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c30f Analytical Chemistry labscript

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Determination of metals in roadside dust by Atomic Absorption


A recent survey of heavy metals in roadside dust (Malsingh 1999) has shown that lead, copper, and zinc are consistently present. The major source of lead along local roadways is leaded gasoline combustion products in automobile exhaust emissions (Benard 1979). On the other hand, copper appears to originate from electricity and telephone cables, while zinc is likely to be from galvanized iron sheets that are used on the roofs of most buildings.
Samples will be dried, sieved and extracted with conc. nitric acid. Heavy metal concentrations in sample extracts will be determined by flame atomic absorption spectrometry, after calibrating the instrument with standard solutions of each metal. The % of each metal in the smallest particle size will also be determined relative to the whole sample to assess the distribution of the metals in the dust.


The sampling plan to be used will be determined by the Lecturer in charge

Plastic dustpans, brushes, new plastic bags and 500ml beakers will be required for collection and drying of the samples.

When samples are being collected, the following observations must be made:

(a) Location of sample (Street name, area, distance from and landmark etc)
(b) Distance of sample from the edge of the road, windward or leeward side
(c)Form of sample taken (sweepings vs scraped sample)
(d) Weather conditions prior to and during sampling
(e) Contour of terrain over which sample is taken (whether flat or sloping; top, middle or bottom of slope; in a depression etc)
(f) Estimated traffic density (heavy, medium or low)
(g) Population density (heavy, medium or low)

If possible, make a sketch of the site sampled

Collect each sample by sweeping (or shoveling if wet) the roadside dust into the dustpan. Collect from an area approximately 1m² about 200g of material, discarding large objects( plastic objects, sticks and stones, glass fragments etc). Transfer each sample into a clean plastic bag, label and close with a bag tie. Place in a container for transport back to the laboratory.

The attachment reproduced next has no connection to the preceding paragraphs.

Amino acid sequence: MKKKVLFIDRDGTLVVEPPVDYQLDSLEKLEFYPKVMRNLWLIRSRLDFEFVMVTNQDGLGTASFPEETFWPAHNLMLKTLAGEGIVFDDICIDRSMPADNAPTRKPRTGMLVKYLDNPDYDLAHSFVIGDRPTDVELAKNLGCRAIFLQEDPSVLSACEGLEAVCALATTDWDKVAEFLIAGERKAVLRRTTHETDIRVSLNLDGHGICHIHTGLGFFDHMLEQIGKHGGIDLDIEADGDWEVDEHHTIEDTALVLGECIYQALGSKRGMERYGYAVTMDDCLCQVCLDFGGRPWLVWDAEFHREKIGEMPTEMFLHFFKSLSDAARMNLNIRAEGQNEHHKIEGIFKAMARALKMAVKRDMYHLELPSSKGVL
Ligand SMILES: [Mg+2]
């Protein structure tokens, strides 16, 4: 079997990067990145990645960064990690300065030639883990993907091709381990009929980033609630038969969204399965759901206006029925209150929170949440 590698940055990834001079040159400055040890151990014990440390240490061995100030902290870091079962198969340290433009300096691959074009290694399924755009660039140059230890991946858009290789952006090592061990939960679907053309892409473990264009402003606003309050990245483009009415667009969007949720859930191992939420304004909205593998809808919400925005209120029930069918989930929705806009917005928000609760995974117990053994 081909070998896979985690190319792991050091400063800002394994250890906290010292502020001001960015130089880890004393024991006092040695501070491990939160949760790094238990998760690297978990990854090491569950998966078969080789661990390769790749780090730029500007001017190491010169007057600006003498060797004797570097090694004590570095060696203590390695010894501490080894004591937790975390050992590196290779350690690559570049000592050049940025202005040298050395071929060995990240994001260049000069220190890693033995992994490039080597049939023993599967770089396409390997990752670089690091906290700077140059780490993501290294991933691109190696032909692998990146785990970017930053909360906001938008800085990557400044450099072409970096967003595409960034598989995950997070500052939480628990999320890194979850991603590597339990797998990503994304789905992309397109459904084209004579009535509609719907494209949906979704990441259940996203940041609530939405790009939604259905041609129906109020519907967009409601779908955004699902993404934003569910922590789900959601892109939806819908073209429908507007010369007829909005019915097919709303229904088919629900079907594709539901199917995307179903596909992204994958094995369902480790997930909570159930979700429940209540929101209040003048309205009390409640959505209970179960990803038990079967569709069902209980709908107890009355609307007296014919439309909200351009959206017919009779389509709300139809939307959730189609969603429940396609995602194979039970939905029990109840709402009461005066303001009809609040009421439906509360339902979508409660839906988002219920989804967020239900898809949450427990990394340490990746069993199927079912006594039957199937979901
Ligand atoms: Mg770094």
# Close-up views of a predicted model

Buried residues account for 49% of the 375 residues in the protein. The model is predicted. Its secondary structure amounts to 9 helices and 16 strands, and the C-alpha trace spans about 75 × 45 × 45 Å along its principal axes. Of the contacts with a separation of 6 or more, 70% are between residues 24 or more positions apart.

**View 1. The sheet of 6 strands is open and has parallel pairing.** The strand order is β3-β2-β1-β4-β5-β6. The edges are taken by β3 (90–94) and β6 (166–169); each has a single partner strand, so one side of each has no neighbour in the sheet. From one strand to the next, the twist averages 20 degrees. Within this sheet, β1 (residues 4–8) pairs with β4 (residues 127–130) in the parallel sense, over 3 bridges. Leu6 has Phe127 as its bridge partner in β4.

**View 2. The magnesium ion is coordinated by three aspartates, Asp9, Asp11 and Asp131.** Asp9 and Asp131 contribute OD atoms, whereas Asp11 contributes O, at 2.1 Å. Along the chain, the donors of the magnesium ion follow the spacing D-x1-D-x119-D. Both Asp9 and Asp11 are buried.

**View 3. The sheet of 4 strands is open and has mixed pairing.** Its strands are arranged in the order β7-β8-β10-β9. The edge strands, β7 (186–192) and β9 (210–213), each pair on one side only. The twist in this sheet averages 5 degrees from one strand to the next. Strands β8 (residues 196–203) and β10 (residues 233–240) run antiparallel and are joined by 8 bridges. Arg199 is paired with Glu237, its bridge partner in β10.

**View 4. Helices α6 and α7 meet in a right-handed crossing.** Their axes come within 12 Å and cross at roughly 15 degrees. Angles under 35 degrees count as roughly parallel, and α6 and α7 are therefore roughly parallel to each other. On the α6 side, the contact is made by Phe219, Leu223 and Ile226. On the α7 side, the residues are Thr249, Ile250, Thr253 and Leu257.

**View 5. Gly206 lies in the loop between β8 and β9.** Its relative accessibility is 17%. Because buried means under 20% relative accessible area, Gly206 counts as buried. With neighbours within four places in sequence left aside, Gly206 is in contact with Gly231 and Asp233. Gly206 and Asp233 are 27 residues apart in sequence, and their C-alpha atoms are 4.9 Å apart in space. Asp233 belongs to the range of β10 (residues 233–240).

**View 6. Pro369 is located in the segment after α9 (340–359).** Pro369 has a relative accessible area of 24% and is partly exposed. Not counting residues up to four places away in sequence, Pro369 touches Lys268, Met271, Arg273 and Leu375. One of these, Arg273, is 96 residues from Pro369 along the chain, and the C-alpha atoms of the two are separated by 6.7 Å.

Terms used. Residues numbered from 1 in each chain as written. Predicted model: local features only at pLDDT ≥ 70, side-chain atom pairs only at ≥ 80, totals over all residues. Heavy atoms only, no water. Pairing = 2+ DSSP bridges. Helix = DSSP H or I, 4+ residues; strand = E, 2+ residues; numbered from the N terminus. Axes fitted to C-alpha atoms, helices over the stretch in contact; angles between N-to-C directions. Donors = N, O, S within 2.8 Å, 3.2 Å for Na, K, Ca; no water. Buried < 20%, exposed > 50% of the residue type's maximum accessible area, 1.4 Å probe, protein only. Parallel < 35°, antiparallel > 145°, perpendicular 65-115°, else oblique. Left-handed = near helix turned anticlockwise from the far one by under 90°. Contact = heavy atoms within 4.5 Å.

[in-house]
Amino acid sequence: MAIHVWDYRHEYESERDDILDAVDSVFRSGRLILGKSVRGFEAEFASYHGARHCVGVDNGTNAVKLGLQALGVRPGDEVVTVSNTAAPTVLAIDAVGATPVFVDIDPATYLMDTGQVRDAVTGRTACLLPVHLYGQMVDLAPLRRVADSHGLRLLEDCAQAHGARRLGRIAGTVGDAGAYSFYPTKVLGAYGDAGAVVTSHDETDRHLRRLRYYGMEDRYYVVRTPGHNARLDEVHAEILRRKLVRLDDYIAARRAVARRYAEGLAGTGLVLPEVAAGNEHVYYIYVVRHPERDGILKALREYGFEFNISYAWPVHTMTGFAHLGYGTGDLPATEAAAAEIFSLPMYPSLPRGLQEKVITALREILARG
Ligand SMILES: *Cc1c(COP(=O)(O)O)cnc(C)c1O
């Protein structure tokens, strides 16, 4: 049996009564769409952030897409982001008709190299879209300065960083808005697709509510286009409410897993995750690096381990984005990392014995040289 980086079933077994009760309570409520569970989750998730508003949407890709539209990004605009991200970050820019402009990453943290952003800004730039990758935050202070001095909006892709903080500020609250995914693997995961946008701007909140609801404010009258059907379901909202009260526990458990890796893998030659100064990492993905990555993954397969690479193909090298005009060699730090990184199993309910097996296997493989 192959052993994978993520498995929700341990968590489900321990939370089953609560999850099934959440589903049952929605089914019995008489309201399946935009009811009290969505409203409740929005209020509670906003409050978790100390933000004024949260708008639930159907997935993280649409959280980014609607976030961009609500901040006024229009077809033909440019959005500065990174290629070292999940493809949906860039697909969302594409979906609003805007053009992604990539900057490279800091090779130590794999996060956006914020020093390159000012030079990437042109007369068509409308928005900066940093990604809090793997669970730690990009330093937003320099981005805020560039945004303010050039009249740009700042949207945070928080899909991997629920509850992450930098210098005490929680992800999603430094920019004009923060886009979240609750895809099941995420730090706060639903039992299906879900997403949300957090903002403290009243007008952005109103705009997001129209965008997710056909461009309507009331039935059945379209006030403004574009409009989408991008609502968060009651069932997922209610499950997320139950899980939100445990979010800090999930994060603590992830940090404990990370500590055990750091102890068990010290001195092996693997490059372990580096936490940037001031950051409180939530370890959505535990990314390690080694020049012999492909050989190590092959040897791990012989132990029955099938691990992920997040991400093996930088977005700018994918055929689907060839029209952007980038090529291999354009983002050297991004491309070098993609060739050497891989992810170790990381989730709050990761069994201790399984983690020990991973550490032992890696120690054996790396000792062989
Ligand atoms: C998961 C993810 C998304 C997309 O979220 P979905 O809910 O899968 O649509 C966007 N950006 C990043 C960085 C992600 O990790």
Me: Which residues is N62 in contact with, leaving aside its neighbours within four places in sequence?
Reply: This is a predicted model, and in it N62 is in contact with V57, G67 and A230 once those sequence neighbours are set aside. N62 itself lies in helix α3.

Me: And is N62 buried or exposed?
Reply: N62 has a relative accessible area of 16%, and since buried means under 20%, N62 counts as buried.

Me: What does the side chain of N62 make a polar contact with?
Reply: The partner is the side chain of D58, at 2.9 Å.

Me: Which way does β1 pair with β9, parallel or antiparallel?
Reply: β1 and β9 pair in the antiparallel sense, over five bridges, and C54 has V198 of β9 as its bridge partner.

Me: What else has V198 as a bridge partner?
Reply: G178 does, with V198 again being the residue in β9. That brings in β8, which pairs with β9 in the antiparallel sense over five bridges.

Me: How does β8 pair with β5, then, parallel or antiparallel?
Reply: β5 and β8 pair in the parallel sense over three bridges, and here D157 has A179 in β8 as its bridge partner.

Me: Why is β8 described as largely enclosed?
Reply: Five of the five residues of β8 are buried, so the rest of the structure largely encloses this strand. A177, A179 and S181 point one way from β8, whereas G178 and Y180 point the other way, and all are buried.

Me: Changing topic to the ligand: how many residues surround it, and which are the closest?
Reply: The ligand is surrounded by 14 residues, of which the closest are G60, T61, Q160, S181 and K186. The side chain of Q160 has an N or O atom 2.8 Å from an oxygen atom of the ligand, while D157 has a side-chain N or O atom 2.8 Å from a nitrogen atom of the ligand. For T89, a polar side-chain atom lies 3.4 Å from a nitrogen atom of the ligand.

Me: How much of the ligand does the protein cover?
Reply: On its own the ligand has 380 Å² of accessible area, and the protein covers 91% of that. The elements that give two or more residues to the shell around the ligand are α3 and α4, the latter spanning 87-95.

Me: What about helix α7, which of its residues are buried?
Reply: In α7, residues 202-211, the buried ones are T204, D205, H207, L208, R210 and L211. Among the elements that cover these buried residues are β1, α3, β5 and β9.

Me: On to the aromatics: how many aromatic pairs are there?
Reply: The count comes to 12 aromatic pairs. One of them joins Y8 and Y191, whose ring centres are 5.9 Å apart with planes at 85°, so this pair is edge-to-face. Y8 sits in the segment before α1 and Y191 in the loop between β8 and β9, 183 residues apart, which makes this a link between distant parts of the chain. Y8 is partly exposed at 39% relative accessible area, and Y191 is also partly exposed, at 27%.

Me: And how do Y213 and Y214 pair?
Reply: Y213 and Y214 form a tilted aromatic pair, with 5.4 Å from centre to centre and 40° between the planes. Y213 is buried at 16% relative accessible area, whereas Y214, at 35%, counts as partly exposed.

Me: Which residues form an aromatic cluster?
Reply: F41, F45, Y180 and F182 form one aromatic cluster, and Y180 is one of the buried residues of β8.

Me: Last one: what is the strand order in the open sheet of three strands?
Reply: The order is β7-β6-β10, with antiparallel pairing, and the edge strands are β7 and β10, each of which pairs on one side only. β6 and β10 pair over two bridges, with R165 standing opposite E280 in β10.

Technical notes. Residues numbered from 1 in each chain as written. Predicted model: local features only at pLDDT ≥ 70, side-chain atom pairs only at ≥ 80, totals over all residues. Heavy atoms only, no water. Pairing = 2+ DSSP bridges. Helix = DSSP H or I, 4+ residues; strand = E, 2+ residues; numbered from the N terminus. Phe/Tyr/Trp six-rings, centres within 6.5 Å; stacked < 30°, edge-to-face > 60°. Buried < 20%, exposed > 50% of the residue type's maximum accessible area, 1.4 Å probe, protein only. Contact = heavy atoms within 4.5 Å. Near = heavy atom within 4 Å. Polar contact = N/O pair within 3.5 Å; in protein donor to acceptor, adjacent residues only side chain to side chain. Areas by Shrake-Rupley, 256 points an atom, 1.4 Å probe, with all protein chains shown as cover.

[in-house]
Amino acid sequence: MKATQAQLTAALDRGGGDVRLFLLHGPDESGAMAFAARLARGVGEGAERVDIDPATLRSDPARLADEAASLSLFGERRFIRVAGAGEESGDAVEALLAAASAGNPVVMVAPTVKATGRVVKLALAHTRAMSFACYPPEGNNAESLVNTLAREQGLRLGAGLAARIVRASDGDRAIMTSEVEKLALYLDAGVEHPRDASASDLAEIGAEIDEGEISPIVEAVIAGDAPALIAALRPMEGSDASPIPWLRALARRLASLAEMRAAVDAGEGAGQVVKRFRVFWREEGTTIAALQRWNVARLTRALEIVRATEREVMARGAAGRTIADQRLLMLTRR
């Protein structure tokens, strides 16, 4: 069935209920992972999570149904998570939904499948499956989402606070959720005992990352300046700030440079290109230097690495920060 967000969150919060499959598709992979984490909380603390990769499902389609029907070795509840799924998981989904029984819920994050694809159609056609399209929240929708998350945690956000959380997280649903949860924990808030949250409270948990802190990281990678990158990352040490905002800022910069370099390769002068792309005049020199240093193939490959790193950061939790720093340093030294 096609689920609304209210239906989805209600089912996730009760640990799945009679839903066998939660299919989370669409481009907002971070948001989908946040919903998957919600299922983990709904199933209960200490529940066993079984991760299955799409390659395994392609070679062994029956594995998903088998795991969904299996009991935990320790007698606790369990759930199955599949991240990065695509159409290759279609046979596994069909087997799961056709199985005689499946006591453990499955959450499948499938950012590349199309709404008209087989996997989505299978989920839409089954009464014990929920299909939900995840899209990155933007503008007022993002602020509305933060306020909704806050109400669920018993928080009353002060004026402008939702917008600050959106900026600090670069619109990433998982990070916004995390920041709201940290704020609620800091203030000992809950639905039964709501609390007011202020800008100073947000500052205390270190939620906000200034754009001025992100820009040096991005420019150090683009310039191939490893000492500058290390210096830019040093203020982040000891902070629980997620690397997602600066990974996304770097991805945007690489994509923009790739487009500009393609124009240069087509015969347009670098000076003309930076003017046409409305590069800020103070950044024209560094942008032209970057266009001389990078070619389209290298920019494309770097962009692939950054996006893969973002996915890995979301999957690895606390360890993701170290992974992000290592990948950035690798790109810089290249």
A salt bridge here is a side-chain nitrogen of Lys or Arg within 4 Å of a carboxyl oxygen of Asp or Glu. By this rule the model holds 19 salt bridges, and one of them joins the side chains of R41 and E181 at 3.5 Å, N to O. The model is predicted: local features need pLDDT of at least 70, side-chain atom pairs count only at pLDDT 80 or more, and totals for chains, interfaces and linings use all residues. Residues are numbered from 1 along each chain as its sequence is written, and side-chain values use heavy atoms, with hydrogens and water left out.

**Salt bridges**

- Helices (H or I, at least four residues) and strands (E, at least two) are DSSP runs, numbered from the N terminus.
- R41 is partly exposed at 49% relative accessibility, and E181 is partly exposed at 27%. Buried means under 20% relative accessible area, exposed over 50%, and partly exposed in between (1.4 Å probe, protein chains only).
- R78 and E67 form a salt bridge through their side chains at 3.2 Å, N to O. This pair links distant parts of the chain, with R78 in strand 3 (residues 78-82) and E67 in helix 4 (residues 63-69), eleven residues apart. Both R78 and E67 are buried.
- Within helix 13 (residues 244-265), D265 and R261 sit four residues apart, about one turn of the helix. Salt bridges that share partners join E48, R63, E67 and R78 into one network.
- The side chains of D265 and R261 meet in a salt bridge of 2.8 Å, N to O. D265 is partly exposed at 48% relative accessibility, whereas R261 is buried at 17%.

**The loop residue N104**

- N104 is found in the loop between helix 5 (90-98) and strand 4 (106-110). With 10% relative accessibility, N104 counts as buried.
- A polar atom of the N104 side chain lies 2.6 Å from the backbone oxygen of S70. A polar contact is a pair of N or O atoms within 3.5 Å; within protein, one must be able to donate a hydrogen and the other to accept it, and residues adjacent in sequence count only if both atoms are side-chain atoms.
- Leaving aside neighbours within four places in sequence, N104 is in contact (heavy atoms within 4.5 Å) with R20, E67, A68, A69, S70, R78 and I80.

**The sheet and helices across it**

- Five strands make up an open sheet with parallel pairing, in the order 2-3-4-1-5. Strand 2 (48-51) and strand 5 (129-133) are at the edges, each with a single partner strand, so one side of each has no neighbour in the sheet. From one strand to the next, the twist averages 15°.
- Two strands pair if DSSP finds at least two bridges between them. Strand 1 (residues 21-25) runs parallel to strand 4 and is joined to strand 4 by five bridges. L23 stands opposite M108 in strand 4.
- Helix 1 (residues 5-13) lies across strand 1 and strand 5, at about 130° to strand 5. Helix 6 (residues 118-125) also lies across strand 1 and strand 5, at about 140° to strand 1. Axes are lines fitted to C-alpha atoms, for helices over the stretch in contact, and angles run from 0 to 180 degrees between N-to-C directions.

In addition, collect from an area remote from any roadway, a control sample for comparison with your roadside samples.

Preparation of samples

Transfer each sample into a clean dry beaker and place it in a drying oven set at 105°C for 12 to 15 hrs. After drying, cool to room temperature and sieve through a 600um mesh size stainless sieve using a circular action, and collect the sieved material. Take care not to press or force any material through the sieve.

Weigh about half of the sieved material and sieve again through a 53um stainless sieve. Collect and weigh the sieved fraction and determine its percentage relative to the weighed sample. Discard the >53 um fraction left on the sieve.

For each sample, weigh triplicate 1g aliquots of the <600 um and <53 um materials respectively into boiling tubes. To each, add 10 ml analytical grade nitric acid and swirl to ensure that the samples are thoroughly wetted by the adid. Prepare an acid blank as well. Cover the tubes with a clean glass plate and allow to stand in a fume hood for 12 to 15 hrs.

Place the tubes on a dry-block heater set at 135 to 140°C and digest for four hours, swirling about once every hour. Allow to cool to room temperature. add 10 ml distilled water to each tube and mix well. Filter through Whatman #1 filter paper into 50 ml volumetric flasks. Make up to the mark with distilled water rinses of the tube and filter. Mix each solution thoroughly.

Atomic Absorption Spectrophotometry

Prepare lead, copper and zinc standards for calibration of the AAS (see demonstrator for concentration range for each metal. You can use a mixed standard)

Set up and calibrate the instrument for each element and determine the concentrations in each sample solution. Where sample absorption values exceed that of the highest concentration standard, dilute the samples and then analyze them.

Results and Discussion

Express you results as ug/g of dried material. In addition. for the <53 um fraction, calculate the % of each metal per sample relative to the whole <600 um sample as follows:

If (a) concentration of metal in X g of <600 um sample = A ug/g
(b) concentration in the <53 um fraction = B ug/g
(c) % by mass of the <53 um fraction in the <600 um sample = C

Then % of metal in the < um fraction relative to the 600 um fraction
= (C x B) ÷ (A x X) %

Determine whether significant differences (p< 05) exist between the individual concentrations of the metals with respect to:

(1)The control sample
(2)The side of the roadway sampled
(3)The estimated traffic densities of the roadways sampled
(4)The <600 um vs the < um fractions of each sample.


Malsingh,J.I. The determination of Heavy Metal Concentrations in Roadside Dust Particles in Trinidad. C31F Advanced Analytical Chemistry Project Report, April 1999.

Bernard G.I. A Study Lead Pollution Resulting from Automotive Exhaust Emissions.

Anal-Chem Resources
Chem. Dept. UWI. St. Augustine Campus